Inflation is a topic I have returned to on a number of occasions. A rapid rise in the cost of living can destabilise societies but modest inflation can prove beneficial – not for everybody, it is true, but certainly for governments.
The opposite of inflation – deflation – depresses economic activity and dampens consumer demand. Why buy today if the object of your desire will be cheaper next week?
And deflation depresses financial assets. Witness what has happened in Japan. By contrast, a little bit of inflation can help markets along while it also devalues debt. As I have mentioned before, governments – particularly those of the over-borrowed nations – are all too aware of this. Of course, it also reduces the value of cash savings but someone has to pay the price.
But inflation is not something that governments can necessarily control. Presently, there is a catastrophic drought in the American Mid- West – the agricultural heart of the nation. Crops and livestock are being decimated. The price of many foodstuffs is soaring and the United Nations has asked the US to cut back on its commitment to use a significant proportion of its oil crop for ethanol production.
To put what is happening into context, July was the hottest month on record in the continental US. It was hotter even than the worst month in the devastating Dust Bowl summer of 1936. Seventy-five per cent of the country’s corn and soybean crop is grown in the area affected. Back in the 1930s, following as it did close on the heels of the Great Depression, the effects of the drought were devastating.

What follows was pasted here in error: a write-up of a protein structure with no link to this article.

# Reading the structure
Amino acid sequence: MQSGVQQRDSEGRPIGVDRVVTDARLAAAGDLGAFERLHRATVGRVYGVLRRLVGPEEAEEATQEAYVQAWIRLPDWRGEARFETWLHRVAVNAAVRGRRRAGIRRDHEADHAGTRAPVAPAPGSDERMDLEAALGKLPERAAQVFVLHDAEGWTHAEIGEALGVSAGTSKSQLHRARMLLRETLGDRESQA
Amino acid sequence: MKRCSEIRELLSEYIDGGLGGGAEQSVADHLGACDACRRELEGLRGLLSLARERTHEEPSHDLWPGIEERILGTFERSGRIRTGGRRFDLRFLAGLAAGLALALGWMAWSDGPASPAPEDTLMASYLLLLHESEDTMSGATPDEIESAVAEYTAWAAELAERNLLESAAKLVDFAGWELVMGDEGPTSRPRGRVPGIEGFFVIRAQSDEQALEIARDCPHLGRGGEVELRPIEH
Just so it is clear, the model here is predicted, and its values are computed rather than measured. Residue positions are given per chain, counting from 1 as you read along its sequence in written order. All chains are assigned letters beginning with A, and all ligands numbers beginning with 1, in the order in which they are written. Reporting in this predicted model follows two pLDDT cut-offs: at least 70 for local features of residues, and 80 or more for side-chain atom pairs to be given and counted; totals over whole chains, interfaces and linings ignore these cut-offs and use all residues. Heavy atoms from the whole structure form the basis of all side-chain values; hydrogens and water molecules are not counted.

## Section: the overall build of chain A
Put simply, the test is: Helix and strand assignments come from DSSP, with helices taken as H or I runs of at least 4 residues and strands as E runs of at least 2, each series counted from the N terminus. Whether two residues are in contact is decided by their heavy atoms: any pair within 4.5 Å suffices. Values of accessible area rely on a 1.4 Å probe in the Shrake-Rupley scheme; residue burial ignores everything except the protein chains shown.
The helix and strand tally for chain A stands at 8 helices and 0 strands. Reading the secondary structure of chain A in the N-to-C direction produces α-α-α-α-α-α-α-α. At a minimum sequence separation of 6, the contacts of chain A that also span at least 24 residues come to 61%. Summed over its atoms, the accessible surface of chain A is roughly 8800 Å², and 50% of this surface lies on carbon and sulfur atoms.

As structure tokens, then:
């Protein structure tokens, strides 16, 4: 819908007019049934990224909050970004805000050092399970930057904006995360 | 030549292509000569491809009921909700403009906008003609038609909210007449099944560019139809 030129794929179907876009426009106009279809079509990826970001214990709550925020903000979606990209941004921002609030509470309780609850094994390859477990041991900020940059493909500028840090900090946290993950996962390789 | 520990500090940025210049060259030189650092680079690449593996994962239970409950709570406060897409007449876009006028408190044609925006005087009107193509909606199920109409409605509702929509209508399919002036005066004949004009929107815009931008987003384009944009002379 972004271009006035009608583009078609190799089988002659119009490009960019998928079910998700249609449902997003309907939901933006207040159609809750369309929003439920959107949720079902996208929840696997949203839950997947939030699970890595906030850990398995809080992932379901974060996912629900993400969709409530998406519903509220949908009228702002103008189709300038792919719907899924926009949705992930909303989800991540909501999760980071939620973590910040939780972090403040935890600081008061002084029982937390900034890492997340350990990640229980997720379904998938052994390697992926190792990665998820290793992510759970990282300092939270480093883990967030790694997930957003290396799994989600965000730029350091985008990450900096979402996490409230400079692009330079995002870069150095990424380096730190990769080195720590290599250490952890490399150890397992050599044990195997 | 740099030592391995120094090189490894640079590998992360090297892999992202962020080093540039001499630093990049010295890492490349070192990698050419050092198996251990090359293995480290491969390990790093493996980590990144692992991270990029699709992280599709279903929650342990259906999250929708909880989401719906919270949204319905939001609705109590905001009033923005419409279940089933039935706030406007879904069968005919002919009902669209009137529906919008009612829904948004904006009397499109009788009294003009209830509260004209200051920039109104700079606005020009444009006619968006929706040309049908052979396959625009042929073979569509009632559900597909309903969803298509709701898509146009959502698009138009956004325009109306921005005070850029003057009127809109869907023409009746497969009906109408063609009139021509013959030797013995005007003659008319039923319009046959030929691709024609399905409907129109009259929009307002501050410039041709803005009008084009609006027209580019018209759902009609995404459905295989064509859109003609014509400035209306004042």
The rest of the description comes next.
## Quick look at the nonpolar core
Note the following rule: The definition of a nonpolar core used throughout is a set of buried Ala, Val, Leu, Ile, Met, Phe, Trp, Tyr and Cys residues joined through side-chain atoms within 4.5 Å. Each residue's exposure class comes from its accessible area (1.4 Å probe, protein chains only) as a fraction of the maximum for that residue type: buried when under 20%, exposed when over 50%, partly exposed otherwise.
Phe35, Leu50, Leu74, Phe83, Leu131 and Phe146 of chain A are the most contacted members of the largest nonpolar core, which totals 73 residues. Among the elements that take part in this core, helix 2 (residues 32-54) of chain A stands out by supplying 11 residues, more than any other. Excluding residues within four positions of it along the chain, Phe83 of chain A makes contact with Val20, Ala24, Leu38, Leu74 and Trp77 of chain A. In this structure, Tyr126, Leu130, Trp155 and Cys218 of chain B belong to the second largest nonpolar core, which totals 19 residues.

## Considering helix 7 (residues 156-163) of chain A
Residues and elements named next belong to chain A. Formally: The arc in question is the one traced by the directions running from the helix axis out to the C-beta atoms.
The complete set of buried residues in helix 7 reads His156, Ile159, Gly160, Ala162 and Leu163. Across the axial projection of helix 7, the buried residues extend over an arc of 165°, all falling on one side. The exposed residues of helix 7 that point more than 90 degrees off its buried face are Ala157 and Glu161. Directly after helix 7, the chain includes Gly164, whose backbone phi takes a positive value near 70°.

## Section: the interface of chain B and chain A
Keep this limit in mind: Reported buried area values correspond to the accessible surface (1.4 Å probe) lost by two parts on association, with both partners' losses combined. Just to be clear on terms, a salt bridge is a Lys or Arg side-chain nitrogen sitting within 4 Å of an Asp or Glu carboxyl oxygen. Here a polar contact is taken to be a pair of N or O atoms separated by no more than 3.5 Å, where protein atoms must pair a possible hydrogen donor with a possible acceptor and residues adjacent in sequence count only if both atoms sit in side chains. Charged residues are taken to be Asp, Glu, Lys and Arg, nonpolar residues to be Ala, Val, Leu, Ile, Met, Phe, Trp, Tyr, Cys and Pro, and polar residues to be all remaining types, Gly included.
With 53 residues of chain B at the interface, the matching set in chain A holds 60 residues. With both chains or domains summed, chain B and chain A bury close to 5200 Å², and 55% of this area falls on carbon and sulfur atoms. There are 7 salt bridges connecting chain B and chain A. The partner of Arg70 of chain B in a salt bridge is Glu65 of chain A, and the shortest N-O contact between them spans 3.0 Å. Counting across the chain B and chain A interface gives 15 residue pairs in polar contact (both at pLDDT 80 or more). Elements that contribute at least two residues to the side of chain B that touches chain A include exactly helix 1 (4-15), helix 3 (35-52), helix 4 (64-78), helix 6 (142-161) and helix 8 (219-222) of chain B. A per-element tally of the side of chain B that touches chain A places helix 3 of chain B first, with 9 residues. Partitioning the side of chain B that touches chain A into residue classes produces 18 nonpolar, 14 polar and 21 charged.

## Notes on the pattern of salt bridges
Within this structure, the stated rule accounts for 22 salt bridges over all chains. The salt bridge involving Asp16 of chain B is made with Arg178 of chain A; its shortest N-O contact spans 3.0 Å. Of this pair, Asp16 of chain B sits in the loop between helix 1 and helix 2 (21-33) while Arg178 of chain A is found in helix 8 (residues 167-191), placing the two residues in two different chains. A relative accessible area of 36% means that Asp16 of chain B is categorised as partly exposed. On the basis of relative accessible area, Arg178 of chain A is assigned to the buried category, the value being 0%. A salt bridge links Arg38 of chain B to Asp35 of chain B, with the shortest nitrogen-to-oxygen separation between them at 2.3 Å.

While no one expects the consequences of this natural disaster to be as bad as then, the implications for inflation are significant. Add to that the efforts of the Federal Reserve Bank to keep the economy on track by more quantitative easing if necessary and you can see a period of above-trend inflation emerging that will have knock-on effects all around the globe. The sufferers will be the holders of US Treasuries and they are as like as not to be Chinese.
For investors, the implications are equally emphatic. Ten-year gilt yields are down to just over 1.5 per cent in this country. Yet last week the Retail Price Index delivered an unexpected jump to +3.2 per cent (an unchanged +2.8 per cent was the likely figure, according to consensus forecasts), so UK government stocks are delivering a return less than half that of inflation.
Yet still money pores into bond funds. M&G has been actively deterring investors from buying into its popular – and now huge – bond funds. The risk-off mentality still prevalent among advisers and their clients is creating a situation that will leave many vulnerable to a change in sentiment.
While dearer food seems inevitable, given current conditions, there are some elements of the cost of living basket that may find themselves under downward pressure. Metal prices have been weakening of late, some significantly. Blame is being placed on the slowdown in China although the reasons are more complex than that.
True, the significant boom in the price of many commodities during the decade ushered in by the new millennium was driven by Chinese demand but it is the way in which commodity companies reacted that holds the key.
Back then, even inefficient producers found it easy to make money. The ensuing rush to invest in new capacity has created potential over- supply in many areas. With China slowing, it seems that the boom days of a decade ago are truly behind us. A strengthening dollar could exacerbate the situation. We may be approaching what Psigma’s Bill Mott would term an inflection point.
Brian Tora is an associate with investment managers JM Finn & Co